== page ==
He would remind us, in all this, of the one only ground of hope and confidence and trust we have in the sight of a holy God. He was indeed the last to undervalue the precious fruits of the Spirit, as manifested in the heart and the life of the true believer. In the soul that has been divinely sanctified and purified, there is much to love and admire—those Christian graces—holy affections and holy deeds—flowers in the Beloved's garden, which, like so many incense-censers, are sending up their fragrant perfume to heaven. Such, doubtless, are regarded with divine contentment now; and at the Great Day, they will draw from the lips of the Righteous Judge the divine approval and tribute—"Well done, good and faithful servant!"

But what would all these (the best of them) avail, when we come to regard them as forming our plea at that bar of unspotted rectitude and equity? A poor installment, truly, in the discharge of an infinite debt. If the Apostle himself once indulged some such dreams of personal merit and sufficiency, the further he advanced in the divine life, the more maturely he grew in grace and holiness and purity; in a word, the nearer he approached to God, the more deeply did he feel his need of mercy. His estimate of himself in his closing and riper years is this—"Less than the least of all saints"—"Sinners, of whom I am the chief!"

Be it ours ever to take the publican's place; saying as we look to the true Altar of Sacrifice—"God be merciful to me, a sinner!" We believe there is no limit or hindrance to that ocean of mercy in Christ, except for what is erected by the pride, or indifference, or unbelief of man. It laves and washes the rockiest shores of the rockiest heart. Paul tells us for our encouragement, why Divine compassion was exercised towards him. "For that very reason I was shown mercy so that in me, the worst of sinners, Christ Jesus might display His unlimited patience as an example for those who would believe on Him and receive eternal life." "I look," said Simeon of Cambridge on his deathbed, "as the chief of sinners, for the mercy of God in Christ Jesus, to life eternal. And I lie adoring the sovereignty of God in choosing such a one, and the mercy of God in pardoning such a one, and the patience of God in bearing with such a one, and the faithfulness of God in perfecting His work and performing all His promises to such a one."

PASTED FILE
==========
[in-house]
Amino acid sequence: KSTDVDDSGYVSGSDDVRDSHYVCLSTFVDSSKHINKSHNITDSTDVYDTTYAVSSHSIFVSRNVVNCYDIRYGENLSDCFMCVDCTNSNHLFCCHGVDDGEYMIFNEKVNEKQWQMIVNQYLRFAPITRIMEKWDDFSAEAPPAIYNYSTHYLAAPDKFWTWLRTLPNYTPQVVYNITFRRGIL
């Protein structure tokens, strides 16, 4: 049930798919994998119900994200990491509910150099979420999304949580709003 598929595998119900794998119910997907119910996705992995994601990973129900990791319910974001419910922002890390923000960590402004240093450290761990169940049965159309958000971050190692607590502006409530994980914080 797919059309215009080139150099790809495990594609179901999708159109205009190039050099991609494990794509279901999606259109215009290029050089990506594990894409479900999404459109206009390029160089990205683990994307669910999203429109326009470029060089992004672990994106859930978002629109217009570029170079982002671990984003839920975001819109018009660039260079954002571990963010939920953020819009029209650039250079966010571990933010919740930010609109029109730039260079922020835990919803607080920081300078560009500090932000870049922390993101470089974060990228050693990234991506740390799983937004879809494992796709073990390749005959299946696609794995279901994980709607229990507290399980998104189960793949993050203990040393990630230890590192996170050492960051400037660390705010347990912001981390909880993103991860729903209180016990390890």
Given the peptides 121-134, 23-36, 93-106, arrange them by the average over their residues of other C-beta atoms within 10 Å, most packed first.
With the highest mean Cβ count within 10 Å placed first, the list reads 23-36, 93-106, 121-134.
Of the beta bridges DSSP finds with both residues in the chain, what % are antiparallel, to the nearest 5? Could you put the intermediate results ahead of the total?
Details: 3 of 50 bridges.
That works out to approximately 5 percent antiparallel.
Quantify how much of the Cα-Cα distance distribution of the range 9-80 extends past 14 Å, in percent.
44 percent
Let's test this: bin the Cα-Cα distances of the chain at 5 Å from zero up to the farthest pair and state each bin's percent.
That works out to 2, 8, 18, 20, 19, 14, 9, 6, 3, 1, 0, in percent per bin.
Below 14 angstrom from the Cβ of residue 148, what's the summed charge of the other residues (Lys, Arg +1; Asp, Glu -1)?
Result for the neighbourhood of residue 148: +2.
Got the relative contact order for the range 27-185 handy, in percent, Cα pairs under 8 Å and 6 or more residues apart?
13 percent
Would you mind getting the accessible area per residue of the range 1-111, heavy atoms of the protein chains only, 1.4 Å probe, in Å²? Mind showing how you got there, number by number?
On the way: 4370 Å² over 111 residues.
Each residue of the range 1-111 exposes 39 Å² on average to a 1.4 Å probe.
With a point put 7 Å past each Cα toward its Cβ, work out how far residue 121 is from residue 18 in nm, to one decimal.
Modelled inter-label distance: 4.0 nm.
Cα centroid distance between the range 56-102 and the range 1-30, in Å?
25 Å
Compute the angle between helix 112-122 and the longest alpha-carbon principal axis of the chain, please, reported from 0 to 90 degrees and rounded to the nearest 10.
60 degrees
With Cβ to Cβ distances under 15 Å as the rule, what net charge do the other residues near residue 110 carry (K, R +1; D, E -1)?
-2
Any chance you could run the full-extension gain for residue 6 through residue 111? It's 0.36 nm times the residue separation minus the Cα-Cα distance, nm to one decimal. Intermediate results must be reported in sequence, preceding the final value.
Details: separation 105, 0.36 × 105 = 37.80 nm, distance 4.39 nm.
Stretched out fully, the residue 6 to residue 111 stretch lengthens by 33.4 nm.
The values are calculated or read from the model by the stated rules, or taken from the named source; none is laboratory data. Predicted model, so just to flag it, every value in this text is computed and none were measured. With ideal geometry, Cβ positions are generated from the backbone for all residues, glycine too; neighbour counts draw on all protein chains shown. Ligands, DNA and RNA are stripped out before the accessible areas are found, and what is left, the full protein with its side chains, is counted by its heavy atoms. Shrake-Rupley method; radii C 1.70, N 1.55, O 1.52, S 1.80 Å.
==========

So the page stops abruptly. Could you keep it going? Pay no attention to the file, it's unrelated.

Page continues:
How many can add, from deeper and darker and sadder experiences, "Great is Your mercy toward me, and You have delivered my soul out of the lowest hell!"

"Let Your mercy's wings be spread
O'er me, keep me close to Thee;
In the peace Your love does shed
Let me dwell eternally.
Be my all; in all I do
Let me only seek Your will;
Where the heart to You is true,
All is peaceful, calm, and still."

"How great is Your goodness, which you have stored up for those who fear You."